Tampa Bay Lightning Draft Pick Generator: Shane Willis
Exploring a random Lightning draft pick from the pre-Yzerman era.
For this series, I’ve taken a list of every Tampa Bay Lightning draft pick, excluding the expansion draft, and put it into a random name picker. Also excluded are any Steve Yzerman era picks so the players eligible are BY. That’s Before Yzerman.
Now that the names are in the list, let’s spin the wheel and pick our random Tampa Bay Lightning draft pick.
And the selected player is…
Shane Willis was a draft pick of the Lightning in the third round, 56th overall in the 1995 NHL Entry Draft. He had scored 24 goals and 43 points in 65 games in the WHL for the Price Albert Raiders in his rookie season. He played well in the WHL and it seemed like the Lightning might have a forward with some skill to add to their fledgling franchise. However, the team could not come to terms with Willis and he decided re-enter the draft.
The second time around, he was taking 88th overall in the 4th round by the Carolina Hurricanes in the 1997 NHL Entry Draft. The Hurricanes returned him to the WHL for another season where he put up 58 goals and 112 points in 64 games. He made his AHL debut at the end of the season and had an assist in one game.
In 1998-99, Willis was sent to the Beast of New Haven in the AHL and put up 31 goals and 81 points in 73 games. He made his NHL debut playing seven games with the Hurricanes without recording a point. The following season, the Hurricanes moved their minor league affiliation to the Cincinnati Cyclones of the IHL where Willis had another impressive minor league season with 35 goals and 60 points in 80 games. He also played in two more games with the Hurricanes without a point.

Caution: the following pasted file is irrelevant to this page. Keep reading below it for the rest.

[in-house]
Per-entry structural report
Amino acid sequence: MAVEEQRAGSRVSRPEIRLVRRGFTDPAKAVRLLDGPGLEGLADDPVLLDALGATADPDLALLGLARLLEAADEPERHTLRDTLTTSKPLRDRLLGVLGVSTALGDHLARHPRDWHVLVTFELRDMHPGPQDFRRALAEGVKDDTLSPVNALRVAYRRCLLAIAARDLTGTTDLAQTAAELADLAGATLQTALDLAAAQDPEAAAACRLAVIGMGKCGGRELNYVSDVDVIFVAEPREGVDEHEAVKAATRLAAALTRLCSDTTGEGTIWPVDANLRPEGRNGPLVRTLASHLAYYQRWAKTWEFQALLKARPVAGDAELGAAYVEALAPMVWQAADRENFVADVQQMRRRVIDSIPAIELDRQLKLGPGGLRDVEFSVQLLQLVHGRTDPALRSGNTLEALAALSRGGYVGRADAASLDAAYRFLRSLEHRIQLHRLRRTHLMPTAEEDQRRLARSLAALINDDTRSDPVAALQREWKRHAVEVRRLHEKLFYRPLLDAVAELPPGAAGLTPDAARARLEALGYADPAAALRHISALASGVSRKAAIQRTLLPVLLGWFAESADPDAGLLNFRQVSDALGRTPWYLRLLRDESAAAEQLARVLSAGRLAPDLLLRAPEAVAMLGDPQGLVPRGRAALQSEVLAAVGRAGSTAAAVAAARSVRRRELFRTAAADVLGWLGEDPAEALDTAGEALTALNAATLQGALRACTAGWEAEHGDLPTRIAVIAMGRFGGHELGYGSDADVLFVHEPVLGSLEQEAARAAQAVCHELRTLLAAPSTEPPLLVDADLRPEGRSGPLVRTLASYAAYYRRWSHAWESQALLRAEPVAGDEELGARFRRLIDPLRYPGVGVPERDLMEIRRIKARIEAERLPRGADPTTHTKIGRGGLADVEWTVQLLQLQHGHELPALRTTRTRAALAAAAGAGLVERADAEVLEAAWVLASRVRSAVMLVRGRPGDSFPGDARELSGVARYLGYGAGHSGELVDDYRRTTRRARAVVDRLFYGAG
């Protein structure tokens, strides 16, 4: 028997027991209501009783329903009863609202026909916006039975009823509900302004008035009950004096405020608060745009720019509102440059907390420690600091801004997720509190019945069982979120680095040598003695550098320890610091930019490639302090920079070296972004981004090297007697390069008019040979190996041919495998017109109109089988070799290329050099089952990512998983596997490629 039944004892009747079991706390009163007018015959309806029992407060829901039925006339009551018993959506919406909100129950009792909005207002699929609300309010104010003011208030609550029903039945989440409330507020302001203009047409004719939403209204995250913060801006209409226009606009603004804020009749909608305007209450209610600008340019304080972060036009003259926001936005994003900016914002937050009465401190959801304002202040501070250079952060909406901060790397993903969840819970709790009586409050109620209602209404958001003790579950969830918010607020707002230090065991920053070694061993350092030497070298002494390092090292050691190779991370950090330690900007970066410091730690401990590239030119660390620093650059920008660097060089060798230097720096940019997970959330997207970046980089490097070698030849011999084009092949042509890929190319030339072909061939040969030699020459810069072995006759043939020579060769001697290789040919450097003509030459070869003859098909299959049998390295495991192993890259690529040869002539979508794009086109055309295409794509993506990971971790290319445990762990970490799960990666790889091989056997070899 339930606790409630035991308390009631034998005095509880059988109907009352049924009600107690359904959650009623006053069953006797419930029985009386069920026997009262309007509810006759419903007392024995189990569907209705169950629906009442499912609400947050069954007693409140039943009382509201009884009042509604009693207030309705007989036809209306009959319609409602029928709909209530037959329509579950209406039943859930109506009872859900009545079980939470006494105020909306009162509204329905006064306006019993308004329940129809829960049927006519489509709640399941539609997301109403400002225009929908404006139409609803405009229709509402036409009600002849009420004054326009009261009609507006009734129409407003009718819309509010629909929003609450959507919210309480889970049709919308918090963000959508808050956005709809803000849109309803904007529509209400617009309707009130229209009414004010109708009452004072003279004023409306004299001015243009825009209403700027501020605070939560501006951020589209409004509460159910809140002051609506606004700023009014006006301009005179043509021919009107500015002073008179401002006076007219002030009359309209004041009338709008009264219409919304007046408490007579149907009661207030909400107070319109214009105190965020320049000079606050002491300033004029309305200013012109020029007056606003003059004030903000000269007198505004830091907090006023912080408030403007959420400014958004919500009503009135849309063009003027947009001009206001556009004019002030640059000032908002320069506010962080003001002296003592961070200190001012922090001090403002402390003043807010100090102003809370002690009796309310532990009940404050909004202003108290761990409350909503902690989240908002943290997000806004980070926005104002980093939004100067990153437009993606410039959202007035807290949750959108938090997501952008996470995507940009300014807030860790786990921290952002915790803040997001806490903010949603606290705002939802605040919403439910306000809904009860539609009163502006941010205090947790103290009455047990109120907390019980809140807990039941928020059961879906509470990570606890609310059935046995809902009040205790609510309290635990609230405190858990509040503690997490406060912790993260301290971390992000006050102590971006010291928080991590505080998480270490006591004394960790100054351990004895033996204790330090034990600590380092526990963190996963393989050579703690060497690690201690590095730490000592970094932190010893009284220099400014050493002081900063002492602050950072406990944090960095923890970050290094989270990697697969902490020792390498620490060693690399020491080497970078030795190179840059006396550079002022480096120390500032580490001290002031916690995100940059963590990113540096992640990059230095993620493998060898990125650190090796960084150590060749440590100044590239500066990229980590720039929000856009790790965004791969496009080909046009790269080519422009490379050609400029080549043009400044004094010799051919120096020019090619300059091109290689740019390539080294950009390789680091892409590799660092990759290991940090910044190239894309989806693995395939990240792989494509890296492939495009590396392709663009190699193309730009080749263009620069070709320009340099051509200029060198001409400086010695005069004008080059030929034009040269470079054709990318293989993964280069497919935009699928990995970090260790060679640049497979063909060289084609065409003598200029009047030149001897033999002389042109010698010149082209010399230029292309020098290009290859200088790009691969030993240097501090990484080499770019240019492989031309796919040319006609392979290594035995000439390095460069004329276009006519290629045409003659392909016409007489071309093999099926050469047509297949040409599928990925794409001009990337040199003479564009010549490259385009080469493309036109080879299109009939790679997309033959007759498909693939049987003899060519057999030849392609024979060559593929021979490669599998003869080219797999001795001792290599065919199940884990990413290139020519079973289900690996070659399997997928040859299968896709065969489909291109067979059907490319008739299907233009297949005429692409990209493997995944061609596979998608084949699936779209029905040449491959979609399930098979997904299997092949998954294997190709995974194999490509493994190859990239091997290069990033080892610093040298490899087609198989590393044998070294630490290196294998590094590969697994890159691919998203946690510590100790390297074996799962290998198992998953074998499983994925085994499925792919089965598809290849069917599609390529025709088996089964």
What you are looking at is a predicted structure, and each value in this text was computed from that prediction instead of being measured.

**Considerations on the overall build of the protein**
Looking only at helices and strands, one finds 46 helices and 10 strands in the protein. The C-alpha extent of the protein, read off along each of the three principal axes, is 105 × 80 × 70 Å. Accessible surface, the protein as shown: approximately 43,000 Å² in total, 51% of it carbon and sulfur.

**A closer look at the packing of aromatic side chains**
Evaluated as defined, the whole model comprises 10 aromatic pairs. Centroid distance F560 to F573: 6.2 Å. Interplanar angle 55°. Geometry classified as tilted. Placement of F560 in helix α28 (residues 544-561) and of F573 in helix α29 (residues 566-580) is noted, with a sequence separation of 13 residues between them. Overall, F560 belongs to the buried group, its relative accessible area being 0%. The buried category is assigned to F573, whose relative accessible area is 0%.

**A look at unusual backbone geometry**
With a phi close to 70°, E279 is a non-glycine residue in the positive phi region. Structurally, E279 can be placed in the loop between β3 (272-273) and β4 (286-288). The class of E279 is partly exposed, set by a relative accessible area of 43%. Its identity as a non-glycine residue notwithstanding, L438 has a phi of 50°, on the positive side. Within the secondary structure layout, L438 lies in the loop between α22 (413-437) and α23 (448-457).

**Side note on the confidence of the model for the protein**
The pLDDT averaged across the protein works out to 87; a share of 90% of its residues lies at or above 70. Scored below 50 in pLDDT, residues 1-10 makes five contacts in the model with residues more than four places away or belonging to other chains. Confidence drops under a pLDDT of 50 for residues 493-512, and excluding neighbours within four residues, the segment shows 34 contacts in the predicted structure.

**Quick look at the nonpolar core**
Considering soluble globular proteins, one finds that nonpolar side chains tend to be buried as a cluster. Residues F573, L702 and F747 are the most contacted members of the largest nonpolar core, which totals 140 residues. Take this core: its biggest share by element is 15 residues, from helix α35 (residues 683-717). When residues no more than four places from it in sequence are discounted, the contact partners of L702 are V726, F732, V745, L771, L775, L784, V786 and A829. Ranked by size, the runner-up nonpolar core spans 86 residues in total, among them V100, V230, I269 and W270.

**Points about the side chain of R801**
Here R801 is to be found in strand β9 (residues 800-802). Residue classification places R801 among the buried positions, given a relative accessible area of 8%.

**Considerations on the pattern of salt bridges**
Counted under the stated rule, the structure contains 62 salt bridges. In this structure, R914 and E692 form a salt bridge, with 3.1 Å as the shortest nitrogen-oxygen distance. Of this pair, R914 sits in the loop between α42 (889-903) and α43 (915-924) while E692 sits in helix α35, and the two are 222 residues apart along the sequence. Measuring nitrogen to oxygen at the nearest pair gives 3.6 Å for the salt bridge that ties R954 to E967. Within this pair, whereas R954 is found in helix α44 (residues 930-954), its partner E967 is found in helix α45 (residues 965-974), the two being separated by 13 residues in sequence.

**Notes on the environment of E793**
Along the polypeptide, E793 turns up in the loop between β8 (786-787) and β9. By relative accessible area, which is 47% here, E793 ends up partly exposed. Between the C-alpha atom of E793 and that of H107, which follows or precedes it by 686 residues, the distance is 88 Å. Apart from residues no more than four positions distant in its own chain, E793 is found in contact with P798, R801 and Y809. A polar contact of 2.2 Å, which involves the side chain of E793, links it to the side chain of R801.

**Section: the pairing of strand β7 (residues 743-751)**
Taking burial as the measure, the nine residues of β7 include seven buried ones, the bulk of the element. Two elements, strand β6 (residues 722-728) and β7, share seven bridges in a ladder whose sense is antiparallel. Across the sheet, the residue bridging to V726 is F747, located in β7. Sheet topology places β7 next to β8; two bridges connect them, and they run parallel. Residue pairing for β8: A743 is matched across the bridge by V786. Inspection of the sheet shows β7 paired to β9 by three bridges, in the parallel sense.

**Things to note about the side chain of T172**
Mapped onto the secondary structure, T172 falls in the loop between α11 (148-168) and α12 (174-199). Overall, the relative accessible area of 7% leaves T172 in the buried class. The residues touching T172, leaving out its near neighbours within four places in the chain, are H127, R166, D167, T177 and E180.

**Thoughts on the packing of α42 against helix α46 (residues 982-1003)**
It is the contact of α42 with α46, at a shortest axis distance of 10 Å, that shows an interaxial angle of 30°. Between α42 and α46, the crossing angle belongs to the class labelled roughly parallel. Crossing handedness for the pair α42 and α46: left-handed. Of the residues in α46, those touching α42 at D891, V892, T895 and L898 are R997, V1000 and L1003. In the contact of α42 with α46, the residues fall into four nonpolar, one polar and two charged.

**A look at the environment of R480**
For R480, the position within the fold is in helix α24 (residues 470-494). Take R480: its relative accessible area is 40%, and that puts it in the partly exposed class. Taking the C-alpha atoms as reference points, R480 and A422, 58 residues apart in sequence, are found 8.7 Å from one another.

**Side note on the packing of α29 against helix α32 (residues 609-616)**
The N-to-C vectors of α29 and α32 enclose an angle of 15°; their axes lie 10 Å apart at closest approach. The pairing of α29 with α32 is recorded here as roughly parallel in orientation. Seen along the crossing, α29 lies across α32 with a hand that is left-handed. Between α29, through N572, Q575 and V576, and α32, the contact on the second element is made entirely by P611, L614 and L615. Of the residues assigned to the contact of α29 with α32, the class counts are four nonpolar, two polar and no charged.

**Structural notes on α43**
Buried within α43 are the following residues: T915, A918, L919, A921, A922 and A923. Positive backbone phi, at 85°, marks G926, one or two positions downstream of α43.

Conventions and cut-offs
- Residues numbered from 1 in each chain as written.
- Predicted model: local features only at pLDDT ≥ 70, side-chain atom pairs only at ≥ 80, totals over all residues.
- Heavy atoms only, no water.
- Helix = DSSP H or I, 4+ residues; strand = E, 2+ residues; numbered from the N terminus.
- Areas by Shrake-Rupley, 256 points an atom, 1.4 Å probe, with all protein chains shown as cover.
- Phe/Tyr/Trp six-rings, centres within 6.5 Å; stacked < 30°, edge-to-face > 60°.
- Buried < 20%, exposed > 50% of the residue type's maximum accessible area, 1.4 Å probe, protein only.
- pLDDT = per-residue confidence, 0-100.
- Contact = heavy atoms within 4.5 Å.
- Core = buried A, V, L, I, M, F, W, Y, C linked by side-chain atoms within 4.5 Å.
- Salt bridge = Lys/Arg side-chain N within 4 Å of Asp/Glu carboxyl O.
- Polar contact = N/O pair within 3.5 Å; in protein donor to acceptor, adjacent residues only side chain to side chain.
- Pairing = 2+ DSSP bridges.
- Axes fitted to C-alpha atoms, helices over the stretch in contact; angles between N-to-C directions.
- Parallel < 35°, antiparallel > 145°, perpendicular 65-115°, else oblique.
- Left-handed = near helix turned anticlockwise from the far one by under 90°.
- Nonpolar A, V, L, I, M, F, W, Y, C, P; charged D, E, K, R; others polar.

2000-01 was Willis’ break-out season. He made the Hurricanes roster and scored 20 goals and 44 points in 73 games. Unfortunately, that would by far be his best NHL season. The following season, he only had seven goals and 17 points in 59 games before being traded to… THE TAMPA BAY LIGHTNING! What a coincidence?! Of course, this was a different front office by then in 2001-02. The Lightning sent goaltender Kevin Weekes to the Hurricanes for Willis and everyone’s favorite fighter Chris Dingman.
Willis finished out the season with four goals and seven points in 21 games for the Lightning. 2002-03 saw him back in the AHL with the Springfield Falcons. The 2003-04 season was much the same as he played 55 games in the AHL. However, he did play 12 games and recorded six assists for the eventual Stanley Cup winning Lightning. Unfortunately for him, he did not play enough games or play in a Stanley Cup Finals game to get his name on the cup.
With the lockout coming in 2004-05, Willis was sent to the Springfield Falcons of the AHL where he served as Captain. He scored 18 goals and 34 points in 58 games. After the lockout season, Willis was a free-agent and decided to sign with HC Davos in the Swiss NLA. He had decent enough success scoring five goals and 20 points in 32 games. he didn’t finish the season with Davos though and signed with Linkoping HC of the Swedish SHL. He finished out the season with Linkoping recording an assist in six games. He came through in the playoffs though with six goals and 11 points in 13 games.
After his stint in Europe, Willis attempted a comback in North America signing with the Carolina Hurricanes. He would spend all season in the AHL though as a point per game player but never earned a call-up. The Nashville Predators gave him a contract the next summer and sent him to the Milwaukee Admirals of the AHL. He played one game and then missed the rest of the season. He attempted another comeback in 2008-09 playing one game with the Wheeling Nailers of the ECHL before being signed to an AHL contract by the Springfield Falcons. He played in 32 games with 14 points and retired following the 2008-09 season.
Since retiring from professional hockey, Willis has taken a job with the Carolina Hurricanes managing their youth and amateur hockey programs. He also does pre-game analysis for Hurricanes TV broadcasts.
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